The gist of the book can be summed up quick:
- bet no more than 2% unless you know what you're doing
- use stops
- buy my other book
- go spend money on my website

To tweak how much you should wager, he refers the reader to Money Management Strategies for Future Traders (Balsara) and Beyond Technical Analysis 2nd (Chande). This book doesn't really stand on it's own without those tables the author says are in Money Management Strategies.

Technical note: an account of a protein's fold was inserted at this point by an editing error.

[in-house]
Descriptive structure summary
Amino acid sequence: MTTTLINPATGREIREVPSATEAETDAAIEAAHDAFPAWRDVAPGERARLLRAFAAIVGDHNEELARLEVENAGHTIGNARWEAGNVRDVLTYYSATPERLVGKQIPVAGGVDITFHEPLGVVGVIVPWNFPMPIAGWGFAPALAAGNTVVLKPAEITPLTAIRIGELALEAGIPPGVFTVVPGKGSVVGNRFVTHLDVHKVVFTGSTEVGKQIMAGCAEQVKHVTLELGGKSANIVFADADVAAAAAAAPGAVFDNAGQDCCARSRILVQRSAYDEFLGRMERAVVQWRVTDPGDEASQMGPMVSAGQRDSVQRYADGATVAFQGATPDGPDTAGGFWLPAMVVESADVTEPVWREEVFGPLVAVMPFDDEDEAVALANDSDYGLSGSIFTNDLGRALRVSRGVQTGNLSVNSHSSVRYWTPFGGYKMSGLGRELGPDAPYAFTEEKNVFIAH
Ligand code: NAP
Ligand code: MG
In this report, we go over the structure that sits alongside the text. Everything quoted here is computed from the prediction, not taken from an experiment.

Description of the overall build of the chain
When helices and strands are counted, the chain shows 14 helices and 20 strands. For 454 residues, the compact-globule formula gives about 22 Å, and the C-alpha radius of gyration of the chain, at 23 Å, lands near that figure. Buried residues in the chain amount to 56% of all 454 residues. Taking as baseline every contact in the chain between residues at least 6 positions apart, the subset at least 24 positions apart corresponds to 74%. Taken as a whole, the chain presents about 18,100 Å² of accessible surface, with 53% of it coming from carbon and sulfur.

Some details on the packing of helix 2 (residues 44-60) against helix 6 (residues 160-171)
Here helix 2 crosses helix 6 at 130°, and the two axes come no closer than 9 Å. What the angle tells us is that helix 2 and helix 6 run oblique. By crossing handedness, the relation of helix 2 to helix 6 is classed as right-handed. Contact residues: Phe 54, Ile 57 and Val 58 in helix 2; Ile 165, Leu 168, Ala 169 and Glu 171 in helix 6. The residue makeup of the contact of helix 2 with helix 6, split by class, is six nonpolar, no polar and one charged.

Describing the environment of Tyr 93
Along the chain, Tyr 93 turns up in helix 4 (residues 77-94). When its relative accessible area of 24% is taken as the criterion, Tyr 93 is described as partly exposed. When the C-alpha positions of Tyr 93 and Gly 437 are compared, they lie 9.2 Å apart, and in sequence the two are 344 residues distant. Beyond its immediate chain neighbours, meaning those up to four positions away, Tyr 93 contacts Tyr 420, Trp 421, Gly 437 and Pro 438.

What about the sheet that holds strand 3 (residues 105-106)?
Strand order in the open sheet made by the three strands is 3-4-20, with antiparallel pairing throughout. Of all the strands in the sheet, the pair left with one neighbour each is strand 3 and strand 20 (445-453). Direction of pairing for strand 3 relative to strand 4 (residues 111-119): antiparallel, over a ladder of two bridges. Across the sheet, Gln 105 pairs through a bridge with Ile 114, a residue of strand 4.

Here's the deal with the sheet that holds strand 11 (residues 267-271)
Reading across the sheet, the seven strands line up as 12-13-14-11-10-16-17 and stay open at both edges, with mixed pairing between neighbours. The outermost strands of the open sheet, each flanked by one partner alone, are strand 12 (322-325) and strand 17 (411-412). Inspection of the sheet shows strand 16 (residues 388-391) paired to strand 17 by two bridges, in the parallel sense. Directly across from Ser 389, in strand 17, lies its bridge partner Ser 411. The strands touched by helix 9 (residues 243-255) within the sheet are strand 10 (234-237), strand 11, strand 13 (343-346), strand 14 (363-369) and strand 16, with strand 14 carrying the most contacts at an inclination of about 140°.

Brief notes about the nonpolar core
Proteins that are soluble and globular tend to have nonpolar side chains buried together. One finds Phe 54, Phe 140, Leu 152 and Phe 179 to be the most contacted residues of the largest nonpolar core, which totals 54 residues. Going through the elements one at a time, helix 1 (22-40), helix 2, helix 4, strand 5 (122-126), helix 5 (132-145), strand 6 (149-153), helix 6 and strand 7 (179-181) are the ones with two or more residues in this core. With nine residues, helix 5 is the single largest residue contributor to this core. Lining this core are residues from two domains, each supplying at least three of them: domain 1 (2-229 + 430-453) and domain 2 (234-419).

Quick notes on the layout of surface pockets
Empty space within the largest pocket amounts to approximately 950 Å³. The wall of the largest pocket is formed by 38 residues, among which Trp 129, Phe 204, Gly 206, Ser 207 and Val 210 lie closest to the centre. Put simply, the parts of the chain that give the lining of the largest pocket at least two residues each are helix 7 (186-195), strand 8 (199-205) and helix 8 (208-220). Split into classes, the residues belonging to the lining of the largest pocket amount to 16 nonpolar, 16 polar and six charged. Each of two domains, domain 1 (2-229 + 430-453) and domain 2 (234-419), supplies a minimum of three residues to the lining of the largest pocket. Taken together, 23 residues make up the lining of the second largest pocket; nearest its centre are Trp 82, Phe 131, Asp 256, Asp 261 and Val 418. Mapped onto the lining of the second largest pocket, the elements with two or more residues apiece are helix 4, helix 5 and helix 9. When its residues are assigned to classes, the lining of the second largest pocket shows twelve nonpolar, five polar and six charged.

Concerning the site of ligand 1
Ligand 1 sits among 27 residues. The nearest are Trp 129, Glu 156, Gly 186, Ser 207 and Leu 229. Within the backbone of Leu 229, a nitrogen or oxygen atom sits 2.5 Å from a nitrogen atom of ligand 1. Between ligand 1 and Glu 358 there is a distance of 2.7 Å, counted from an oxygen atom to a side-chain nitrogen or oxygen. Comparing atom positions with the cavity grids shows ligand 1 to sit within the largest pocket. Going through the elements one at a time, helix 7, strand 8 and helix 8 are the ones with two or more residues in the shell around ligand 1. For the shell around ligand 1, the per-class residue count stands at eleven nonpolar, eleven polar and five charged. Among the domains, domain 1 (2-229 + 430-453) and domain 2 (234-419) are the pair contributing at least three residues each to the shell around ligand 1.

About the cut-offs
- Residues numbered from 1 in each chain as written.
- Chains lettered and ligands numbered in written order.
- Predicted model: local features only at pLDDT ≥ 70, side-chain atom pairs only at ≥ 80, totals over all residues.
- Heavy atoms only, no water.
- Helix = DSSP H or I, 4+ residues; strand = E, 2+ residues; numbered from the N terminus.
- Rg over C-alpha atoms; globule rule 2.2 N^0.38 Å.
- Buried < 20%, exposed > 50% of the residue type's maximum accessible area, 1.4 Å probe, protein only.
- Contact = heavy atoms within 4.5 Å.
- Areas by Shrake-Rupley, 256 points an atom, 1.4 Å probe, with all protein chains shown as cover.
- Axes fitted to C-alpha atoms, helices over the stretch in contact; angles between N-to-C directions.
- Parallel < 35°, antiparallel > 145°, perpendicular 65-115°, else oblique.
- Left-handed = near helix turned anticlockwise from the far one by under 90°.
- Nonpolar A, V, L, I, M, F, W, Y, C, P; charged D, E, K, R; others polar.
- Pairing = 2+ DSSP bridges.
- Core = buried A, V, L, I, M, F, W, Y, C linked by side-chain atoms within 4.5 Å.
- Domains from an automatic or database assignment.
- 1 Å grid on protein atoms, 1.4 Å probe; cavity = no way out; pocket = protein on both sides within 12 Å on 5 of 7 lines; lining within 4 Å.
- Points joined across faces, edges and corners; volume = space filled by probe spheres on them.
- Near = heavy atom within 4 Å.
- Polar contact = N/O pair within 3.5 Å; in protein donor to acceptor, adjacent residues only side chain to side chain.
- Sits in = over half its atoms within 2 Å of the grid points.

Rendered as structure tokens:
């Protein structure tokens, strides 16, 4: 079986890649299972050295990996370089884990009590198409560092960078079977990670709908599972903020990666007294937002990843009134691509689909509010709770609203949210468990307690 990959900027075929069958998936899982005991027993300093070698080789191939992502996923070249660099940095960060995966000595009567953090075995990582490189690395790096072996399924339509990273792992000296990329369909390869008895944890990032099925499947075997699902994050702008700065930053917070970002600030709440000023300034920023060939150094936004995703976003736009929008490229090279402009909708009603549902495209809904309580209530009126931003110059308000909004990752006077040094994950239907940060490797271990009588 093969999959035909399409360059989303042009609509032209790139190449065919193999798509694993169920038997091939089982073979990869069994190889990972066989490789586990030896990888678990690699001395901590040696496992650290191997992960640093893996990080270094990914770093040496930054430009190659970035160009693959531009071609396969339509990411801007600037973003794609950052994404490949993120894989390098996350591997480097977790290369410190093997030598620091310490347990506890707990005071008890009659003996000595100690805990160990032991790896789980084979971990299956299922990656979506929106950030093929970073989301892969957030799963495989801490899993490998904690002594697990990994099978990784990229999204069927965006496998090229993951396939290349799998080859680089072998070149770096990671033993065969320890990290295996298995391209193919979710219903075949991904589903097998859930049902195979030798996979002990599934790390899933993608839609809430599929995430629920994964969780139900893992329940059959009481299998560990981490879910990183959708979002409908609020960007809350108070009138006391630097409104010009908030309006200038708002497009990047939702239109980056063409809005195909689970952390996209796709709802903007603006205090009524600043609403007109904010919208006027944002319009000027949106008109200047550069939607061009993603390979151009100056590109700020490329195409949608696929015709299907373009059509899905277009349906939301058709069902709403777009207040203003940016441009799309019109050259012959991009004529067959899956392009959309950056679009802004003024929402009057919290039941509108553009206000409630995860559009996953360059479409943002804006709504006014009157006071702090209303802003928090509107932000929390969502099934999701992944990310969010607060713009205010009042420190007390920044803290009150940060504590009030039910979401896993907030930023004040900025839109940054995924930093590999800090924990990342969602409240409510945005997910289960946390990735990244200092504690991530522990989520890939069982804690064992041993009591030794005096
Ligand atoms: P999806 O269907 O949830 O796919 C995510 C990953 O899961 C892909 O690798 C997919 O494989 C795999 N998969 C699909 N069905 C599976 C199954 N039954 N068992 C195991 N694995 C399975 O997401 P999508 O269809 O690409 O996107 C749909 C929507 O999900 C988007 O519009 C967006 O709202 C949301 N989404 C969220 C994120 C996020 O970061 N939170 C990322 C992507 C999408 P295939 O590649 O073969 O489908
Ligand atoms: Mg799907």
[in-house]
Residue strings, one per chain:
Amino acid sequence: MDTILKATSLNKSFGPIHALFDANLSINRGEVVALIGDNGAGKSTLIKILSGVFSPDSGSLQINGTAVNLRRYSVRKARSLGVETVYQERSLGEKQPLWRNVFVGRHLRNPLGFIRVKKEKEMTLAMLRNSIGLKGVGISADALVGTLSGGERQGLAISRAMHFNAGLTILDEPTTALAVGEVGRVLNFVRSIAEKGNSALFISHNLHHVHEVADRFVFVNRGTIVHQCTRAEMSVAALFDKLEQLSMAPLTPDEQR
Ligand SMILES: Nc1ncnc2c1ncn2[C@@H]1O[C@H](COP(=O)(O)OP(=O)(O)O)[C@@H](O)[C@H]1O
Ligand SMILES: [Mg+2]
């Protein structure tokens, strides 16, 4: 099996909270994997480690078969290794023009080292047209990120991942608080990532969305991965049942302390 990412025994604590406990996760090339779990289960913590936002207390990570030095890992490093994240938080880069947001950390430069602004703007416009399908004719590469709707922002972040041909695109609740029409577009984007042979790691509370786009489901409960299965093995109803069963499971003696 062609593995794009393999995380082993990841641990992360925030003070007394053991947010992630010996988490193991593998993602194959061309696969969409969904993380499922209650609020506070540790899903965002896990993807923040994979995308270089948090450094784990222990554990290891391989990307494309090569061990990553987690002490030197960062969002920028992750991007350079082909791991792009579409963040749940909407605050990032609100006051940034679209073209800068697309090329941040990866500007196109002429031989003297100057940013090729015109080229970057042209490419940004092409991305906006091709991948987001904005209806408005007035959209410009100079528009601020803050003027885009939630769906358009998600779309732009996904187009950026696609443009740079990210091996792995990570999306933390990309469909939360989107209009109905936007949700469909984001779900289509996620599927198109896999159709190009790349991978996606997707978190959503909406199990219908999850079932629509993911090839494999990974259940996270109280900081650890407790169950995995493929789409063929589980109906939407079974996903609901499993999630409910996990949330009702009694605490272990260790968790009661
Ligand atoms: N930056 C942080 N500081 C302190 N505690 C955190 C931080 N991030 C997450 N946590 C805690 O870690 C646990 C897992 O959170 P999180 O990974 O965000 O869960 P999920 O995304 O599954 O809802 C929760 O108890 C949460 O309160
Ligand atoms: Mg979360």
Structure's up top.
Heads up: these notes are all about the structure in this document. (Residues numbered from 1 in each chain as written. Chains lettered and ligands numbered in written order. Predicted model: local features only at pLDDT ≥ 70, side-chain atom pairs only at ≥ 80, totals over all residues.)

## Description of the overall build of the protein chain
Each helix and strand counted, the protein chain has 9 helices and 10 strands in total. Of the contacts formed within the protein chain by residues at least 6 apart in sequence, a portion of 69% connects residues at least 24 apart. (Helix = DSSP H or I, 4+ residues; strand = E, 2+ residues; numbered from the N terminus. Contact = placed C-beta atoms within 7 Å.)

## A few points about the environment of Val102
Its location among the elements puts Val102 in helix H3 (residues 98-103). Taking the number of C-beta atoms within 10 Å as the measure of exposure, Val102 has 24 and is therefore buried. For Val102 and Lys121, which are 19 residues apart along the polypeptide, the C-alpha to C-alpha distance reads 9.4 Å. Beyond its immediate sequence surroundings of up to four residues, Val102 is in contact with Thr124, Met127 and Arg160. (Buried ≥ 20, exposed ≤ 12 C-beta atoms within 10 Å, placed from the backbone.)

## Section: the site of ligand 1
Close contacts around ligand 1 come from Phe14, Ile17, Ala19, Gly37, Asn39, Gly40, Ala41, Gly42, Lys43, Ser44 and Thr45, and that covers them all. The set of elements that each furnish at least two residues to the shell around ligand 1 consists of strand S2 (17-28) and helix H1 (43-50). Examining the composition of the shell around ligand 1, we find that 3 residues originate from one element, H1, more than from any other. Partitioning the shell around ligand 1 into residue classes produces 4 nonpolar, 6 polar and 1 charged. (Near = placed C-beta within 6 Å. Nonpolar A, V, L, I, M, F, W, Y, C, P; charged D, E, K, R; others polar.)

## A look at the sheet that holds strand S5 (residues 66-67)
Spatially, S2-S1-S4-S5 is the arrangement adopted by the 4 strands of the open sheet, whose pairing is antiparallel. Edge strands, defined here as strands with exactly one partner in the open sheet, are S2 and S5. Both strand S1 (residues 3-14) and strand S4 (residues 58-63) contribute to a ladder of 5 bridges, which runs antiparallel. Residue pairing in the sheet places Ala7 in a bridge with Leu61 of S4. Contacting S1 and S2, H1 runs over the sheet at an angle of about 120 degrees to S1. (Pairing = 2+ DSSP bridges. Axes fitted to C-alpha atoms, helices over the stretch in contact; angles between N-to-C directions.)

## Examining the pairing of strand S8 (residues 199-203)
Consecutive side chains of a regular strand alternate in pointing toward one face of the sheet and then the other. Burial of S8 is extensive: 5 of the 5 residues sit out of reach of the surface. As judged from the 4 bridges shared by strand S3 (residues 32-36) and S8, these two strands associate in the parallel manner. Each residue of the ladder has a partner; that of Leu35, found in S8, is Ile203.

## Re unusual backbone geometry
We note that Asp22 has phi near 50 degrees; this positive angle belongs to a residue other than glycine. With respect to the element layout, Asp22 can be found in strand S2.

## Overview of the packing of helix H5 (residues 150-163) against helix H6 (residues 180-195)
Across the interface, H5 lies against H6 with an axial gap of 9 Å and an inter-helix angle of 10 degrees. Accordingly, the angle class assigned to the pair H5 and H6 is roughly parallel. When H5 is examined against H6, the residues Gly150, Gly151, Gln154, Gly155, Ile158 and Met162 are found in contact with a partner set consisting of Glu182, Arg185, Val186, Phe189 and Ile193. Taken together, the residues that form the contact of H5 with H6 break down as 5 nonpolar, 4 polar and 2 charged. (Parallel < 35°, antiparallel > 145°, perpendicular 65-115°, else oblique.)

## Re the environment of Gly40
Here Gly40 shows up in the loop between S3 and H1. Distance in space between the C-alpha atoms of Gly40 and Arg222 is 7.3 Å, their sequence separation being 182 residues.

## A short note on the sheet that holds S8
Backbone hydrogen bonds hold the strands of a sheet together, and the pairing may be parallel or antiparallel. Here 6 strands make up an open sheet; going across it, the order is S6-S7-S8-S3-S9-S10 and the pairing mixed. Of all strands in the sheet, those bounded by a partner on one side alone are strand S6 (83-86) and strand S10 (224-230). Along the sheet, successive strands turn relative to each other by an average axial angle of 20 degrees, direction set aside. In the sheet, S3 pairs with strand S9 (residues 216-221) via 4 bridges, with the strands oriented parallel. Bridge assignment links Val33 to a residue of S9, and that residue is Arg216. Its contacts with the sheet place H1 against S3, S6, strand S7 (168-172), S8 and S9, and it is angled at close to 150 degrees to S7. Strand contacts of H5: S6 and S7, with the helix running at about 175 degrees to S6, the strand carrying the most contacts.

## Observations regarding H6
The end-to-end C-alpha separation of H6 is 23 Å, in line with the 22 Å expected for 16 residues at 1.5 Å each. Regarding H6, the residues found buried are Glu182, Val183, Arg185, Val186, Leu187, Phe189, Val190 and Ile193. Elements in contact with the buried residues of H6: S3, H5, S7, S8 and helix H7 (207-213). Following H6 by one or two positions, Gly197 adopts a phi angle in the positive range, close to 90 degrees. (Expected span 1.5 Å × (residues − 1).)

The author has a section on Psychology, but tries to do way too much, and just comes up really short, especially when compared to most other books that try to cover trading psychology. The book is only 150 pages, less blank pages at the start of most chapters (14) and sections (5), full page examples of filling out queue cards (16), uses moderately large font, and then has the normal charts and formulas of a trading book. There's really very little actual content when it's left over, especially when the author keeps saying "trade only 2 percent" followed by a 1/5 page "Important Note" saying go look at chapter 9 for an exception to the rule. That important note is repeated ad nauseum.